Hence the need for a screening tool aimed at finding the kids who most likely are being bullied and most likely to suffer consequences, so health care providers can flag the right patients and refer them for fuller assessment.
Good tools exist for detecting signs of domestic violence and alcoholism, and the success of those instruments fuels hope for greater bullying detection. However, Vessey is mindful that screening for these and other public health imperatives—from prevalence of sexual activity to tobacco, alcohol, and drug use to depression to immunizations—is crowding the very brief time allotted to most routine clinical visits.
“The volume has just increased exponentially, and the time for the visits has been cut shorter and shorter,” Vessey says. “To tell any provider that you have to screen for one more thing is enough to make you go cross-eyed.” Any screening tool devised to detect bullying must be developed with that reality in mind. “If we want uptake by primary care providers it needs to be done in such a way that it is reliable, simple to administer, free, doesn’t take much time, and is acceptable to providers, parents, and kids,” she says.
Vessey wants to be sure that the CABS screen will be effective across cultural and socioeconomic groups. That’s why the study includes a range of adolescent participants from diverse cultural and socioeconomic backgrounds. Data is being collected throughout the Boston metropolitan area, Portland, and rural Maine.
IMPROVING INTERVENTION AND PREVENTION
Vessey is principal investigator of the CABS scale, which is funded by the Eunice Kennedy Shriver National Institute of Child Health and Human Development. The three-part mixed methodological study focuses on groups of young participants, asking what it means to be bullied and how they would feel if their primary care provider questioned them about it. The most illuminating responses will be vetted by an interdisciplinary group of clinical experts, principals, and counselors, then analyzed and winnowed further. The remaining questions will be put to 300 to 400 youths in a written questionnaire. Those results will be further analyzed and boiled down to four questions that can be quickly and easily incorporated in a doctor or nurse practitioner visit.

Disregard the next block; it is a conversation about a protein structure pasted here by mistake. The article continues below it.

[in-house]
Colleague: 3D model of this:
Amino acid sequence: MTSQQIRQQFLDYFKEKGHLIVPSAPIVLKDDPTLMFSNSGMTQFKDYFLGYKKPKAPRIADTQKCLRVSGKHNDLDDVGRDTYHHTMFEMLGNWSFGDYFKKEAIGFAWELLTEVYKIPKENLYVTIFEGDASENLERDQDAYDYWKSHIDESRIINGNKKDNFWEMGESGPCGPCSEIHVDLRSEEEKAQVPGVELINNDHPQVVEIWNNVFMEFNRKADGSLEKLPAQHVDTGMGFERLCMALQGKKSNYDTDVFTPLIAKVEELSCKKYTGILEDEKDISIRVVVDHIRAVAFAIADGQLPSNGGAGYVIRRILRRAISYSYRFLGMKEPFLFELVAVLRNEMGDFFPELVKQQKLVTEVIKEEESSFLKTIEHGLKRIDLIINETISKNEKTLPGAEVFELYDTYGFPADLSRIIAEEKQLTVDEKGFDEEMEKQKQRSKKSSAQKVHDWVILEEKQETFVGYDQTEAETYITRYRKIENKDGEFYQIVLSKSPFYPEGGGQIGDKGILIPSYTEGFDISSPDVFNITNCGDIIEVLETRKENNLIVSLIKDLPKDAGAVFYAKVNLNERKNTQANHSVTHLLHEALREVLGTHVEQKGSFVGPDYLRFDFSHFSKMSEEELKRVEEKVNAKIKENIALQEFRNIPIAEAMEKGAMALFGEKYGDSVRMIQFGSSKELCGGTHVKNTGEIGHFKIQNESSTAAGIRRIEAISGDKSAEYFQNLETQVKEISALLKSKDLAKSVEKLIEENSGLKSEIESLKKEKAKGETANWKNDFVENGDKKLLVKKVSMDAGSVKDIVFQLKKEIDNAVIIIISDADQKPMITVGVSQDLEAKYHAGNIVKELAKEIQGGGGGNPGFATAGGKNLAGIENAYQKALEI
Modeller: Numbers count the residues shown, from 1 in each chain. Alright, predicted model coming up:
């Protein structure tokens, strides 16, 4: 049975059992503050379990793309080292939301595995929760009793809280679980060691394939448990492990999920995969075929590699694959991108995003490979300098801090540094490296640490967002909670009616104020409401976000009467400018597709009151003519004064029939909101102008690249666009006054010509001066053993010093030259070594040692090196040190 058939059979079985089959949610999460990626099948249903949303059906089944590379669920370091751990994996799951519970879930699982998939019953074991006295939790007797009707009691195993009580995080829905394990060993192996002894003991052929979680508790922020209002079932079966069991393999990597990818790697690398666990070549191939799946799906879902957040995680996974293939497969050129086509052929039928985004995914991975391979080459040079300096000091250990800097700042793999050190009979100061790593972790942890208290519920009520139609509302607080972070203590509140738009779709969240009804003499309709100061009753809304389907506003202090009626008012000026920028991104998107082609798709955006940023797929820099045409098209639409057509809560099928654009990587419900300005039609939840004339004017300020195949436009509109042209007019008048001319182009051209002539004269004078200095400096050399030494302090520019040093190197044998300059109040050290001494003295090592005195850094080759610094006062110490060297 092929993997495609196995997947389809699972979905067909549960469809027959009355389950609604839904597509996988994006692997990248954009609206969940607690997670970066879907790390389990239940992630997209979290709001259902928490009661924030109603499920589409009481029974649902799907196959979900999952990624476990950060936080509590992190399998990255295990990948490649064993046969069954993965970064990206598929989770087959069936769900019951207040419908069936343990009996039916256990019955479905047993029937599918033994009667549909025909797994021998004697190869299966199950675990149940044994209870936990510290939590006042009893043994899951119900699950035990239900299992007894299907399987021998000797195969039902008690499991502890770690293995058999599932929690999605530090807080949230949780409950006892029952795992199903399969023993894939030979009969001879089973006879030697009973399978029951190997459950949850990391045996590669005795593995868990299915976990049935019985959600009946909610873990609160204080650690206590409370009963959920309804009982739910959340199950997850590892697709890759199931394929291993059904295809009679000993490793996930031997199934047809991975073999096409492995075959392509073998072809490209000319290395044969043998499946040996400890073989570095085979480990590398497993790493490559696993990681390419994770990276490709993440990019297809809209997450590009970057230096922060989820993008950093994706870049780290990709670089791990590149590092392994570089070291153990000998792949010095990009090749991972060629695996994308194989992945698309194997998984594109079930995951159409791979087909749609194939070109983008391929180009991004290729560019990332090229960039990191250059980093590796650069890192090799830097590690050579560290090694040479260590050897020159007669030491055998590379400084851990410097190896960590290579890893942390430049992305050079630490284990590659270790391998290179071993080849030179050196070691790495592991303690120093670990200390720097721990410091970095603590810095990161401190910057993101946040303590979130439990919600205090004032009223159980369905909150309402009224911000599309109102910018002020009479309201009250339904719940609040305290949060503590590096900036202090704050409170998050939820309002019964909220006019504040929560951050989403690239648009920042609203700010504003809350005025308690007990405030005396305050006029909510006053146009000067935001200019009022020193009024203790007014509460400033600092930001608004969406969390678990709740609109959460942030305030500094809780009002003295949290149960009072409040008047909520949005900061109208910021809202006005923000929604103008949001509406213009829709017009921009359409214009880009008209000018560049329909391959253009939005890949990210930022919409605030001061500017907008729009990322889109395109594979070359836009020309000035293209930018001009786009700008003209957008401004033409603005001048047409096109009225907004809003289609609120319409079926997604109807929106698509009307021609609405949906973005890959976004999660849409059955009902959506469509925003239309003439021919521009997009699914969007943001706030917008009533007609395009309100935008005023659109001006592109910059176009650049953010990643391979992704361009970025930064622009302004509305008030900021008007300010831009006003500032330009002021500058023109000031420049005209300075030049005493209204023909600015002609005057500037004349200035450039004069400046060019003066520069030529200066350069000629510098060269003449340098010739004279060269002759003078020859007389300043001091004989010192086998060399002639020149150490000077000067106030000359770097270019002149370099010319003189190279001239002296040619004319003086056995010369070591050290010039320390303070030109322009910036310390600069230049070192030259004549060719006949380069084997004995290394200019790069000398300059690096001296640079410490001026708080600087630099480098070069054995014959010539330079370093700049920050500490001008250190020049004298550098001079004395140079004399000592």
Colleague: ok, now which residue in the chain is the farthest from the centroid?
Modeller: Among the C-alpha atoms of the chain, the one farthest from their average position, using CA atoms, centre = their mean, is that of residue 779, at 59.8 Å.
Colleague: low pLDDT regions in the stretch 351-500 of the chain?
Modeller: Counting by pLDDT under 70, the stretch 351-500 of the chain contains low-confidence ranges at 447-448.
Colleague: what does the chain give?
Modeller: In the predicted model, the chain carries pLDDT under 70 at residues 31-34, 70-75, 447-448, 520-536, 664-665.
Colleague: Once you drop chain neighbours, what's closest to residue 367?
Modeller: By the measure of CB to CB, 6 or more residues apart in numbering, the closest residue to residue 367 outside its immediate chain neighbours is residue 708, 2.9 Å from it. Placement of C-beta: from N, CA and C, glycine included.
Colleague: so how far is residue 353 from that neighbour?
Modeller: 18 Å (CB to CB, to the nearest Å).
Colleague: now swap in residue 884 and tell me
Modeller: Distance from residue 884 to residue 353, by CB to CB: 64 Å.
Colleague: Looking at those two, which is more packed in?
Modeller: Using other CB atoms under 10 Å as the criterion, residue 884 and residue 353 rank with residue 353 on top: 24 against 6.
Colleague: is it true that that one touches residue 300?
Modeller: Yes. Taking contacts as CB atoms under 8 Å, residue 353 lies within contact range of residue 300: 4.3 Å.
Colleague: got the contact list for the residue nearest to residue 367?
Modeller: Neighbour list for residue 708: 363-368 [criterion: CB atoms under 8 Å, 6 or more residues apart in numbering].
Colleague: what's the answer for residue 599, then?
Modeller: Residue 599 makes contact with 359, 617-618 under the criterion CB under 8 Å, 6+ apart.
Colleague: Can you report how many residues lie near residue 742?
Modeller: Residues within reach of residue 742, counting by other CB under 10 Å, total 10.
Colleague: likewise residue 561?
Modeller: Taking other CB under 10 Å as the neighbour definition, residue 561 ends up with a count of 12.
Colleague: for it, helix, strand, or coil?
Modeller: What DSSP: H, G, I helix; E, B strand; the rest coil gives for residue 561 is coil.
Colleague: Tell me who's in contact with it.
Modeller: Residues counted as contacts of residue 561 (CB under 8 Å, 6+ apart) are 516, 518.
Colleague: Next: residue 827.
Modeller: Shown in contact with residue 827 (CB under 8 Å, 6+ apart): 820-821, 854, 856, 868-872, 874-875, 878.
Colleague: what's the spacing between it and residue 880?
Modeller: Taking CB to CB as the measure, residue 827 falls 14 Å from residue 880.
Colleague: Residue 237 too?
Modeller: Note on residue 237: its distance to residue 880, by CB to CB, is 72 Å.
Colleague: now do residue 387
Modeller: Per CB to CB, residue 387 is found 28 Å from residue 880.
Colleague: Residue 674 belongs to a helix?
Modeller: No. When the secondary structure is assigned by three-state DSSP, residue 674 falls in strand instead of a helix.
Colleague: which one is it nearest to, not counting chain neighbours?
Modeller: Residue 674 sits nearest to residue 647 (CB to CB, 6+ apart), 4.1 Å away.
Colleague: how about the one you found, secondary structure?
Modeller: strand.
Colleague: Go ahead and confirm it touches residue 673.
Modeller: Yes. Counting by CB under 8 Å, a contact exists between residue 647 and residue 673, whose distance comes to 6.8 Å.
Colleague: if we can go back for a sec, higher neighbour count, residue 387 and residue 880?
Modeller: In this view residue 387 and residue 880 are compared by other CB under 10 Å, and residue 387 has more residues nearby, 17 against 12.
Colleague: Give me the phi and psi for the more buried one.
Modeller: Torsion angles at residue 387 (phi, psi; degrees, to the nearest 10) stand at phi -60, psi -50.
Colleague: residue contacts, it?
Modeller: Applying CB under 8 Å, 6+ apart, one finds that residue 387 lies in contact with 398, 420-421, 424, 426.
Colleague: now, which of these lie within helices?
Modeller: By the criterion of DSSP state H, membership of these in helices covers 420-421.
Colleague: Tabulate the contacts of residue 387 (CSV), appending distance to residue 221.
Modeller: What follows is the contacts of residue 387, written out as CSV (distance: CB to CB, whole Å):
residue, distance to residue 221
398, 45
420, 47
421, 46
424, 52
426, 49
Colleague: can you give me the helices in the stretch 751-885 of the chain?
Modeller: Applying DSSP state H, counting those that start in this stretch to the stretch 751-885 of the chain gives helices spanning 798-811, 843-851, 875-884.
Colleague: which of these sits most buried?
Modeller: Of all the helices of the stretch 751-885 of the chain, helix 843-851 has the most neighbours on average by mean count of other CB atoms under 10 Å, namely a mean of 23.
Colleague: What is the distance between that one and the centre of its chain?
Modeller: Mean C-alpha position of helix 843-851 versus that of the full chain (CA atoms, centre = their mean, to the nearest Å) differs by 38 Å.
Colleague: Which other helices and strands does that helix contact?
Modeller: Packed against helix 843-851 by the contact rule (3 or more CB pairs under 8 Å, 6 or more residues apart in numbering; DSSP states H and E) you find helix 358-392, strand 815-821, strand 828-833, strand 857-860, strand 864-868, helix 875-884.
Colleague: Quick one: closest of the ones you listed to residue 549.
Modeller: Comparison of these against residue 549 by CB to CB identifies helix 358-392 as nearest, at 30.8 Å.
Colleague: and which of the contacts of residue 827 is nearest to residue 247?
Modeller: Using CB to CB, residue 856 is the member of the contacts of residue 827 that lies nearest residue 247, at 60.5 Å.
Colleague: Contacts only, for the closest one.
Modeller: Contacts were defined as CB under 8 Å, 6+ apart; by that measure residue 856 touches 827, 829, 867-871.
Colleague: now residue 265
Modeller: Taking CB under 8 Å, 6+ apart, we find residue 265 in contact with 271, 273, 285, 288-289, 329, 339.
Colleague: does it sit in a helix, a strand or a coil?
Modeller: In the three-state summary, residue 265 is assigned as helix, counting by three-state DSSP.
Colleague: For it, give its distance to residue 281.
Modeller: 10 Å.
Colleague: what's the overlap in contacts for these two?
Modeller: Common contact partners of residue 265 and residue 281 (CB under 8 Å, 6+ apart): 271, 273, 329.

The goal of the screening questions is to identify youths involved in bullying earlier—even before the physical signs are clear—and intervene with medical and mental health treatment to curb harmful effects. Vessey’s aim is to reach victims as early as possible, at the annual trip to the doctor or in an emergency room visit, possibly sparing millions of adolescents further suffering.
“I want to focus on the middle group that is probably being bullied at school some, but hasn’t shared it with anyone yet.” Missing an opportunity to help them means a critical lag in identifying and intervening before negative effects develop. Vessey says, “We know that the earlier you come upon a problem, the easier it is to have success.”
—Judy Rakowsky, photograph by Lee Pellegrini, artwork by Christine Hunt